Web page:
To find out how these inclusion and exclusion criteria affect patient selection for ARTs, the researchers analyzed more than 4,000 patients from the Sequenced Treatment Alternatives to Relieve Depression (STAR*D) study. Funded by the National Institute of Mental Health, STAR*D was the largest and longest study of depression treatment ever conducted. To ensure that the “real world” population of patients with depression was represented, STAR*D used minimal exclusion criteria.
The researchers found that more than 82 percent of STAR*D patients would not be eligible for enrollment in current ARTs, based on a list of “usual” inclusion and exclusion criteria. Fourteen percent would be excluded on the basis of age alone–that’s because most ARTs exclude patients older than 65. Another 15 percent would be excluded because their depression was less severe than a commonly used cutoff point.
More than 20 percent of STAR*D patients would be excluded from ARTs because of a “clinically significant or unstable general medical condition.” Twenty-one percent of women would be excluded because they were not using birth control to prevent pregnancy during the study.
Because many ARTs use stricter criteria, the true exclusion rate is probably even higher, the authors note. For example, more recent studies have used even higher severity thresholds for enrollment, which would eliminate more than 90 percent of the STAR*D population. The researchers also point out that all of the STAR*D patients had obviously agreed to participate in that research study–which is something many people with depression might be unwilling to do.
The researchers hope their work will help drug developers understand how inclusion and exclusion criteria may affect enrollment in ARTs, and help them in developing an appropriate recruitment plan and timeline. “The timelines in most drug studies are unrealistically short and their recruitment plans are often woefully inadequate, resulting in studies that take longer than expected to complete and frequent budget overruns,” Drs. Preskorn, Macaluso, and Trivdei write. Failure to consider the effort needed for ART recruitment might lead to lost revenue, delays in bringing a drug to market, or failure to develop a potentially effective medication.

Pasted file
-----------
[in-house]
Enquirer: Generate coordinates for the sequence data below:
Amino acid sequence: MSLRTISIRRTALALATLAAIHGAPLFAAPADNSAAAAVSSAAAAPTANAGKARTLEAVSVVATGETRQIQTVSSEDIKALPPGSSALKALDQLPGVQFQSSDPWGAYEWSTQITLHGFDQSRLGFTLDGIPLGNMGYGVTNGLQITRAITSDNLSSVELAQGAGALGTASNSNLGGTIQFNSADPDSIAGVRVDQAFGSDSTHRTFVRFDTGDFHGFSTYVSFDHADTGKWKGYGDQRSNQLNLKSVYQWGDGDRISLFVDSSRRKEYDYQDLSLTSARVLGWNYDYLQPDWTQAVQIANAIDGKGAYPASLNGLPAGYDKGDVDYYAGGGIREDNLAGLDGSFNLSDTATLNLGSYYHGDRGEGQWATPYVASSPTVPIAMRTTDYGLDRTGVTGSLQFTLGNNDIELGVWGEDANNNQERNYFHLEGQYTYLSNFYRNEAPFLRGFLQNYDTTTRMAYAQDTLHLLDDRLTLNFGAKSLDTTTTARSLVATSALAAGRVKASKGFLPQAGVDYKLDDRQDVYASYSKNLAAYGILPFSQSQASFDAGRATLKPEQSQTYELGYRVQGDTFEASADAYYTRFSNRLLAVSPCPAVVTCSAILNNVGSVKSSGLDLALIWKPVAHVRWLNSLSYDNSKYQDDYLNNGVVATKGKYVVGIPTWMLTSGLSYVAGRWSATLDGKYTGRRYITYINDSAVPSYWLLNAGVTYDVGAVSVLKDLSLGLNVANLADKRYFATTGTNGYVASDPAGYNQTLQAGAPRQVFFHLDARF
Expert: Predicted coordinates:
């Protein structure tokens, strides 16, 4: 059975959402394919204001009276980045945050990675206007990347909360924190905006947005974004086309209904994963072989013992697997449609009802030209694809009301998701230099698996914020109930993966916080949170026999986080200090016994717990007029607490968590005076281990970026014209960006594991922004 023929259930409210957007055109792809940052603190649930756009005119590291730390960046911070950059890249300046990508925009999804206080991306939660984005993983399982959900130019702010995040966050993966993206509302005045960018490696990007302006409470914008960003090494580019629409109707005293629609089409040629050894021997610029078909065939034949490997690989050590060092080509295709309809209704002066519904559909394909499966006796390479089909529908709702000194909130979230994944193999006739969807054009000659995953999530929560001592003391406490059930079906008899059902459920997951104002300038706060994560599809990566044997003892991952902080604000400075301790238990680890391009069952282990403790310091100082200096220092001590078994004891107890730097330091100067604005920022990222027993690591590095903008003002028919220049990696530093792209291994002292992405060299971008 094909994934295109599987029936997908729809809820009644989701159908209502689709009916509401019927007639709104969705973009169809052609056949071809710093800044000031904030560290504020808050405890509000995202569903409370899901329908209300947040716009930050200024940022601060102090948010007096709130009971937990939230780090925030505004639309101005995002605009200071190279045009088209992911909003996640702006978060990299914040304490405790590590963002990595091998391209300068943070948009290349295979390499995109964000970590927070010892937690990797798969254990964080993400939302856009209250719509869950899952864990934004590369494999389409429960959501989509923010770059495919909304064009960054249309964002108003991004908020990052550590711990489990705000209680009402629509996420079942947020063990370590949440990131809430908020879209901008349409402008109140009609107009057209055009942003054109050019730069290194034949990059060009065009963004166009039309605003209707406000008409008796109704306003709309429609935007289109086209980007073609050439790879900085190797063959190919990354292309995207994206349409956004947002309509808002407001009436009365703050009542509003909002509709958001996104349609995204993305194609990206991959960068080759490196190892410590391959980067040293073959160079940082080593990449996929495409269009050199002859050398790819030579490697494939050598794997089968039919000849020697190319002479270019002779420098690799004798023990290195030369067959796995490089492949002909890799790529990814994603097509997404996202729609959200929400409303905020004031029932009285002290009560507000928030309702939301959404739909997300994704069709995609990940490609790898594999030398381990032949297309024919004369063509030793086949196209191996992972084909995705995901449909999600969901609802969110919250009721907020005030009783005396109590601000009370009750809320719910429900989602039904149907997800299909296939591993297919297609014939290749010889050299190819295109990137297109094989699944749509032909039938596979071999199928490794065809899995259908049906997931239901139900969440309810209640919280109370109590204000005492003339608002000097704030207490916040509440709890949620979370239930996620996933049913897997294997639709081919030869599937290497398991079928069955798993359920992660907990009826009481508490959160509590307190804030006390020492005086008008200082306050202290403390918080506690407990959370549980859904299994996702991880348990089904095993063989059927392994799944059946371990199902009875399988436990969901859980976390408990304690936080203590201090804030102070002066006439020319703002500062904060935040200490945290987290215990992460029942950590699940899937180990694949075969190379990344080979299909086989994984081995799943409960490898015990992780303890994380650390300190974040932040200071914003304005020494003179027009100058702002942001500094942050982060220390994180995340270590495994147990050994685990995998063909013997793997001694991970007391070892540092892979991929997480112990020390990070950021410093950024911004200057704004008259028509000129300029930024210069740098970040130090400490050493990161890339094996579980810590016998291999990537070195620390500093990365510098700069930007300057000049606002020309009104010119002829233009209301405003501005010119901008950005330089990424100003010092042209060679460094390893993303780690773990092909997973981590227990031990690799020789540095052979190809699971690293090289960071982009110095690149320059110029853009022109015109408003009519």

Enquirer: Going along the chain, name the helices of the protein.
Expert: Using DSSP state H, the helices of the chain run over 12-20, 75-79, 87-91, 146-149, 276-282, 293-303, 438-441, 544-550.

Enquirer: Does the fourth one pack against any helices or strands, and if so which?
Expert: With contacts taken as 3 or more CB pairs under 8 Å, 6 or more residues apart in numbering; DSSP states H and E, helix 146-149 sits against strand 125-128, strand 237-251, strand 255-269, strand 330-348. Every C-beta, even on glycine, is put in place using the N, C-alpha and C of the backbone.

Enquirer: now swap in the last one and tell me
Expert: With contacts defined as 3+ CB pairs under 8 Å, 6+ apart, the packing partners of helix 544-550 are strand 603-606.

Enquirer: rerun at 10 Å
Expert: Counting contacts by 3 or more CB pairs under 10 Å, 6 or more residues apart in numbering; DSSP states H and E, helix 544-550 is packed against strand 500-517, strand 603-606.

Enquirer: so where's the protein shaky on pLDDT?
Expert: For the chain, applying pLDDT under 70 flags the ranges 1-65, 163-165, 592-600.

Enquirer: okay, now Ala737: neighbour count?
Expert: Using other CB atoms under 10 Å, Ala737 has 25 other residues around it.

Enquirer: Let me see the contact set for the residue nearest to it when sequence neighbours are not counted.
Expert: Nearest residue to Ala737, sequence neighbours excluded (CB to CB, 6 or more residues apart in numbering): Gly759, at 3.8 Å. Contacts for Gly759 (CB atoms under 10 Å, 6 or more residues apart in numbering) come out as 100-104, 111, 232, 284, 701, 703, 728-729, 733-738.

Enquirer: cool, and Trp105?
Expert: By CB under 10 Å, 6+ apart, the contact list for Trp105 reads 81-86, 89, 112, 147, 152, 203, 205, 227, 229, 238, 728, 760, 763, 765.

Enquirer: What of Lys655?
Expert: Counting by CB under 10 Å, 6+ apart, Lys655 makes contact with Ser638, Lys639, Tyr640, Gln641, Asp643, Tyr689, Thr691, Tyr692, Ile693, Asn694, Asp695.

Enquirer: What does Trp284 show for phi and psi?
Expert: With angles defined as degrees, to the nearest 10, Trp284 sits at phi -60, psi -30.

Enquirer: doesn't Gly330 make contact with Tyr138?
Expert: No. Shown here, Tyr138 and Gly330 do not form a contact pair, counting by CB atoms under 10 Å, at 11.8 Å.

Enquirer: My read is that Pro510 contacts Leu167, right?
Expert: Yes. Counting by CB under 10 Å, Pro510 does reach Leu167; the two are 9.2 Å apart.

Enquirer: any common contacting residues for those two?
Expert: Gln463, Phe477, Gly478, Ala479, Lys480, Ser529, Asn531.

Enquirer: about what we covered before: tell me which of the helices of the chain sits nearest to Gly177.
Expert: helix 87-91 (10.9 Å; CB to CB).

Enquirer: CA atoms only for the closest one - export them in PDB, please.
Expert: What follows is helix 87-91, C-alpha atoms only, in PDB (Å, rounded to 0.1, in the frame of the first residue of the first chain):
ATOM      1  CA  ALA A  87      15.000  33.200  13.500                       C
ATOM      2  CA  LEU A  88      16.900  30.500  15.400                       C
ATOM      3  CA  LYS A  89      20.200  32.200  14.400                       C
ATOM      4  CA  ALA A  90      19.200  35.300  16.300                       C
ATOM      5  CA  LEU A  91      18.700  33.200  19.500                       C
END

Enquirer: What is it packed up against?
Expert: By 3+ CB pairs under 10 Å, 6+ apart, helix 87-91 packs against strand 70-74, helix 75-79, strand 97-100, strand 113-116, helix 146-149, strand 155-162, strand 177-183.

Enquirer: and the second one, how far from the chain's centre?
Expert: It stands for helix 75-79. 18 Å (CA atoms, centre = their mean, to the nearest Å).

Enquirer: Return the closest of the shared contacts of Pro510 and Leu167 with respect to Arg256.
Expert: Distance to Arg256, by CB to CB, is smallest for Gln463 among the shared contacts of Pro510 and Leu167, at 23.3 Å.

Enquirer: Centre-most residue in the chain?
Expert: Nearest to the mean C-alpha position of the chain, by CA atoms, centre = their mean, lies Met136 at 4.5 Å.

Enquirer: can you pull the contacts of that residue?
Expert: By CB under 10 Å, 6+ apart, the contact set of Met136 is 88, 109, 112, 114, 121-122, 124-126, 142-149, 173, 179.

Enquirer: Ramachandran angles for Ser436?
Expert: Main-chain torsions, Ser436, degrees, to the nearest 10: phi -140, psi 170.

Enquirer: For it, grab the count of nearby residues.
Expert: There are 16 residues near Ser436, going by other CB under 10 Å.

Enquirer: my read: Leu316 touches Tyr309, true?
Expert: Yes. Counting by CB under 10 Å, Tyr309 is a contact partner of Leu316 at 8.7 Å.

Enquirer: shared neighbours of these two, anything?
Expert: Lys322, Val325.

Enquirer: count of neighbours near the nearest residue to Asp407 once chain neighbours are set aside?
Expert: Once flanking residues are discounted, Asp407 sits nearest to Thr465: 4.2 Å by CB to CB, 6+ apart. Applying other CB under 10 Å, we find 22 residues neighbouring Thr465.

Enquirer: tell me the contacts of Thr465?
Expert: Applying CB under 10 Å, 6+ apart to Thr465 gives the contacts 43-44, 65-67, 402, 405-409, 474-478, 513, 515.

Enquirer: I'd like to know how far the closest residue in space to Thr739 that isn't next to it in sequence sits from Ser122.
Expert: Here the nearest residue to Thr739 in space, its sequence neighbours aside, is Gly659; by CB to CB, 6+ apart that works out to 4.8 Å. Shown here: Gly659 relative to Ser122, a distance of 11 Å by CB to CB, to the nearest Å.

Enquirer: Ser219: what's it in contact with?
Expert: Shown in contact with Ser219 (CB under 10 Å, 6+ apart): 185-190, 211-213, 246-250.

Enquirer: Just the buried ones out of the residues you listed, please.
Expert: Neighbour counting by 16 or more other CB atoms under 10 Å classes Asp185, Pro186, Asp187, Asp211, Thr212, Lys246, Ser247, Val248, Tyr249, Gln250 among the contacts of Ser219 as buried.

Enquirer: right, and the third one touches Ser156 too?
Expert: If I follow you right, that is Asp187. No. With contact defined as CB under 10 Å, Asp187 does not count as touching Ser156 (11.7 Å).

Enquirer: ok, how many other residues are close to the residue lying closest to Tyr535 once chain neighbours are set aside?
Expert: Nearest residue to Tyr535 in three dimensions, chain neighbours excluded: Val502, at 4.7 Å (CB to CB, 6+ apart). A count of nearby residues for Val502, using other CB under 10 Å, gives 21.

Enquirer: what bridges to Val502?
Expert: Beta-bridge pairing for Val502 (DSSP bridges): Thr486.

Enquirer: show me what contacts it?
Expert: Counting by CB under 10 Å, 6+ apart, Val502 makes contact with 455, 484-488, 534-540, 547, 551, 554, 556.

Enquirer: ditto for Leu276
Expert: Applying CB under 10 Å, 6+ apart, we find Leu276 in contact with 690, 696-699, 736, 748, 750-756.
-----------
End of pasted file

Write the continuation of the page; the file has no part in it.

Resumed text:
The findings may also help to explain to healthcare practitioners why ARTs tend to overestimate the benefits of antidepressant treatment in “real world” patients with depression. “Obviously,” the researchers add, “the more patients who are excluded from the ARTs, the greater the chances that the results will not generalize to the routine clinical practice.”
Public Release: 15-Jul-2015
How GPR40, a known receptor for dietary fatty acids, may protect from osteoarthritis?
Society for Experimental Biology and Medicine
Osteoarthritis (OA) is one of the most common age-related degenerative joint concerns. Although articular cartilage degradation is its main feature, this disease induces whole-joint damage characterized by synovitis, bone remodelling and osteophyte formation. Regarding bone, Yohann Wittrant, a researcher at the Human Nutrition Unit (INRA -France), has recently reported that stimulation of the orphan receptor GPR40, a fatty acid-activated receptor, preserved bone mass. Dietary fatty acids were described to improve joint function and reduce pain in OA patients and to decrease both inflammatory markers and cartilage catabolism factors in preclinical studies.